• unknown (b.)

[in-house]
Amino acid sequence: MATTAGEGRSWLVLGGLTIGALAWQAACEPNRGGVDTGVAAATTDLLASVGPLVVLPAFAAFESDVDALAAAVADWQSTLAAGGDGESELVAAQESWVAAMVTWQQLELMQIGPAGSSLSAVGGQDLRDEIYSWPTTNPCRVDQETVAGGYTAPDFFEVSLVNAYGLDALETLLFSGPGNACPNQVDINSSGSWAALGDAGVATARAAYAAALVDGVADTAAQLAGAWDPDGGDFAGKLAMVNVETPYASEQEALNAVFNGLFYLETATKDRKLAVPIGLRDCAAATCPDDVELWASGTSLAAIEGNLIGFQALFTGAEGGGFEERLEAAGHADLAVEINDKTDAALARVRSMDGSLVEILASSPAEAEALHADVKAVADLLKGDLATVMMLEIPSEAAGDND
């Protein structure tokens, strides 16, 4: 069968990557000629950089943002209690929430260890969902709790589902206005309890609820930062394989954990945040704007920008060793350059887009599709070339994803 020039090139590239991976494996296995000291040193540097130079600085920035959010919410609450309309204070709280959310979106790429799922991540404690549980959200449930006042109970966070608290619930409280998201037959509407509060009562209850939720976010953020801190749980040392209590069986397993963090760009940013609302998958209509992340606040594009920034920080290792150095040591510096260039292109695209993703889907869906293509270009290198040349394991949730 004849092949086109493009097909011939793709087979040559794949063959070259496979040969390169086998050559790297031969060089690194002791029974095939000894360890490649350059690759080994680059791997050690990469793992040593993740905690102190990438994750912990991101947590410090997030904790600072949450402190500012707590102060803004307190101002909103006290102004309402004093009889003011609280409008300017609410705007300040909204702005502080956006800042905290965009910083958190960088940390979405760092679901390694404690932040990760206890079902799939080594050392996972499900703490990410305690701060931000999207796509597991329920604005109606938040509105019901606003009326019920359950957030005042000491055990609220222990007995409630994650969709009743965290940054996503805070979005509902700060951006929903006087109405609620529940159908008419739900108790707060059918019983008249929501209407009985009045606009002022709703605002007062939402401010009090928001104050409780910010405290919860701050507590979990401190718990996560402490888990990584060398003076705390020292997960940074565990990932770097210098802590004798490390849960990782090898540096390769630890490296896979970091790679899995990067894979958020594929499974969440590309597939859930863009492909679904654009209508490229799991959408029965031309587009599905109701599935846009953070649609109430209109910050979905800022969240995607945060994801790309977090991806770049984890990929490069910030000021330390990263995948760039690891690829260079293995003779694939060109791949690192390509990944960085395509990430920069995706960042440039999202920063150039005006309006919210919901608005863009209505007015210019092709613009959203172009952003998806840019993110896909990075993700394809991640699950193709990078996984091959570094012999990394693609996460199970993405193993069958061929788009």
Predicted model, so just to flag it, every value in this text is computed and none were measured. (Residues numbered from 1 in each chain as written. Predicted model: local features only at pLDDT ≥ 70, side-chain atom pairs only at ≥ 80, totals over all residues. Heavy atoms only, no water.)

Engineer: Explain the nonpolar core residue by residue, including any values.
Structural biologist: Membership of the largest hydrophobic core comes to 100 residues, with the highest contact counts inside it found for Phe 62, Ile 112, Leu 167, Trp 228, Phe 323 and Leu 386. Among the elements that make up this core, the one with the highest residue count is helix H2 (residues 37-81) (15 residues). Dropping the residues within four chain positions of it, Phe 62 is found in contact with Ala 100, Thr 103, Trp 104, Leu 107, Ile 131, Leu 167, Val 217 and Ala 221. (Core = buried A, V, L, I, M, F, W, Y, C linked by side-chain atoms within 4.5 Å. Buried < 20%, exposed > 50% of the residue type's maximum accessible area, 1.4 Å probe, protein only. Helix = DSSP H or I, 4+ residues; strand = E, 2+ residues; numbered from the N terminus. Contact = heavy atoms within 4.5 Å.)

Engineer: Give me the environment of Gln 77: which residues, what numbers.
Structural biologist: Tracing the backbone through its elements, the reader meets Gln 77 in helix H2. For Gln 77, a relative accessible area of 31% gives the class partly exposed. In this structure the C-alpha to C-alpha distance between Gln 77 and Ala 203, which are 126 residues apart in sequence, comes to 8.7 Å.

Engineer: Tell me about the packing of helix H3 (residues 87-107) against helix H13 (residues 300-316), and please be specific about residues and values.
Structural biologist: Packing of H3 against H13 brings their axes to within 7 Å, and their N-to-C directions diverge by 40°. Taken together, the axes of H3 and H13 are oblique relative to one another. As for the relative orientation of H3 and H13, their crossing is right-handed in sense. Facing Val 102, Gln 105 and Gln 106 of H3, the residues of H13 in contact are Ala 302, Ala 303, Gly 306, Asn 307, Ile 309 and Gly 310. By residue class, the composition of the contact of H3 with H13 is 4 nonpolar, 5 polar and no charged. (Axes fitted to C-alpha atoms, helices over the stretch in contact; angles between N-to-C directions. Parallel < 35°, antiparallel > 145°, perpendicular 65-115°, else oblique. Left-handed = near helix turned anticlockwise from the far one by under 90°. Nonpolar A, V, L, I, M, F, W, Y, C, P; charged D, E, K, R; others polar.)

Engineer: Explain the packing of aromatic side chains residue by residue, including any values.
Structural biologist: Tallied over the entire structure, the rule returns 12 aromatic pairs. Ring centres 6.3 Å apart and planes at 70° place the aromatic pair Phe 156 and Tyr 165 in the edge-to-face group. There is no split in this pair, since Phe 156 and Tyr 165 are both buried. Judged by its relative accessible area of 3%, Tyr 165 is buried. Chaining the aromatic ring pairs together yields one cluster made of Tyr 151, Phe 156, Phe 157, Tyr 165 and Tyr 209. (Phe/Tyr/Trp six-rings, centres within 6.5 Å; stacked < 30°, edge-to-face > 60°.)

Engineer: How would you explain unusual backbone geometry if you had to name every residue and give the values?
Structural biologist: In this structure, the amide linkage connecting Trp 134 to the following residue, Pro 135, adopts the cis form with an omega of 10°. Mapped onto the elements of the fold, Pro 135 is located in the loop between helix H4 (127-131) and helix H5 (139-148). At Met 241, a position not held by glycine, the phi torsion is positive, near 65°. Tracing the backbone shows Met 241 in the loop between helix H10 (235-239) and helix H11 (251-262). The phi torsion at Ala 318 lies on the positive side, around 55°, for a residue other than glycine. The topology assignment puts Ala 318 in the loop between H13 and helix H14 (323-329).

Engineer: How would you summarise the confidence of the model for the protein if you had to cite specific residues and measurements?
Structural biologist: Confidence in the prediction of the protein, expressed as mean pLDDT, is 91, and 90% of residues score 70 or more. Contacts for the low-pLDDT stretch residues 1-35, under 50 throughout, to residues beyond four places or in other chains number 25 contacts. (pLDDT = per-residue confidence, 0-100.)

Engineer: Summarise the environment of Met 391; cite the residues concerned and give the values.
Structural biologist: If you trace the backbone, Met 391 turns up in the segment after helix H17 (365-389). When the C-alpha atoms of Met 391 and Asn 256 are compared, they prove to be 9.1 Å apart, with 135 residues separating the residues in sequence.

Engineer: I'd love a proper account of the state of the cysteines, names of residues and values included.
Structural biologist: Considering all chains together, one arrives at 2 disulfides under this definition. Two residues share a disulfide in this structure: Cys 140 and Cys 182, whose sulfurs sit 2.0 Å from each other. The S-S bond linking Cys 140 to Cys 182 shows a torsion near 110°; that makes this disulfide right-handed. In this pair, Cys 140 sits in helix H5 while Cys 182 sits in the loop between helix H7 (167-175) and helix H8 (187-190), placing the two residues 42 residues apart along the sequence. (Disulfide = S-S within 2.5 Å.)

Having received his B.S. degree in Engineering Physics in 1963, and an M.S. degree in Electrical Engineering (1964) from the California Institute of Technology, he originally founded Trimble Navigation Limited (TNL) in 1978 along with two partners from Hewlett Packard, initially operating from Los Altos, California. Previously, he was the Manager of Integrated Circuit Research and Development at Hewlett-Packard’s Santa Clara Division. He wanted to create Loran navigational products. In 1982, he began to develop Global Positioning System (GPS) receivers and was the driving force behind introducing the first economic timing receiver in 1984. This success led to the development of products for the military and for the nascent survey market, and to further innovations in GPS receiver designs, including military receivers and commercial handheld receivers. Under his guidance, TNL introduced the first RTK survey receivers and products for GIS/mapping, avionics, and vehicle tracking. The Trimble patent portfolio has the largest single collection of GPS patents in the world. The company began to focus resources on harnessing and expanding the power of GPS, thus spearheading the development of GPS for commercial and consumer applications, as well as military use of the new technology. In 1982, the company began engineering products that would take advantage of the U.S. Government's newly launched GPS satellites, and in 1984, they introduced the world's first commercial scientific-research and geodectic-survey products based on GPS for oil-drilling teams on offshore platforms. From 1984 to 1988, the company greatly increased its family of products for scientific and research applications, as well as marine navigation markets. The next two years were explosive growth years, with the company receiving the first of its many U.S. and foreign patents for advances in GPS and other technology. In 1989, they acquired the Navigation Systems Division of TAU Corporation and began developing differential GPS (DGPS) technology to provide increased accuracy for the fleet management market. The company also made headway into new markets in 1990 by acquiring a New Zealand company, Datacom Software Research Ltd., enabling Trimble to offer new survey and mapping software products. In 1998, he left Trimble Navigation Limited to chair the U.S. GPS Industry Council. He has been active in policy development of GPS in commercial and civilian applications, while preserving the military advantages of GPS and has been intimately involved in protecting the GPS spectrum. He serves on the Board of Directors of several high tech companies and is a member of the National Academy of Sciences, the National Academy of Engineering, the Board of Trustees of Caltech, and the NASA Advisory Council. He also served on the Board of Governors for the National Center for Asia-Pacific Economic Cooperation and is a member of the Council on Foreign Relations. He has received many awards in recognition of his achievements: INC Magazine’s Entrepreneur of the Year award (1991), CEO of the Year (electrical instruments) from Financial World Magazine (1996), the Kershner Award from the IEEE Position Location and Navigation Symposium (1996), the Piper General Aviation Award from the American Institute of Aeronautics and Astronautics for pioneering the manufacture and application of affordable GPS, the American Electronic Association’s Medal of Achievement (2000), the NASA Technology Medal (2001), and the Golden Gizmo award from the San Jose Tech Museum (2002).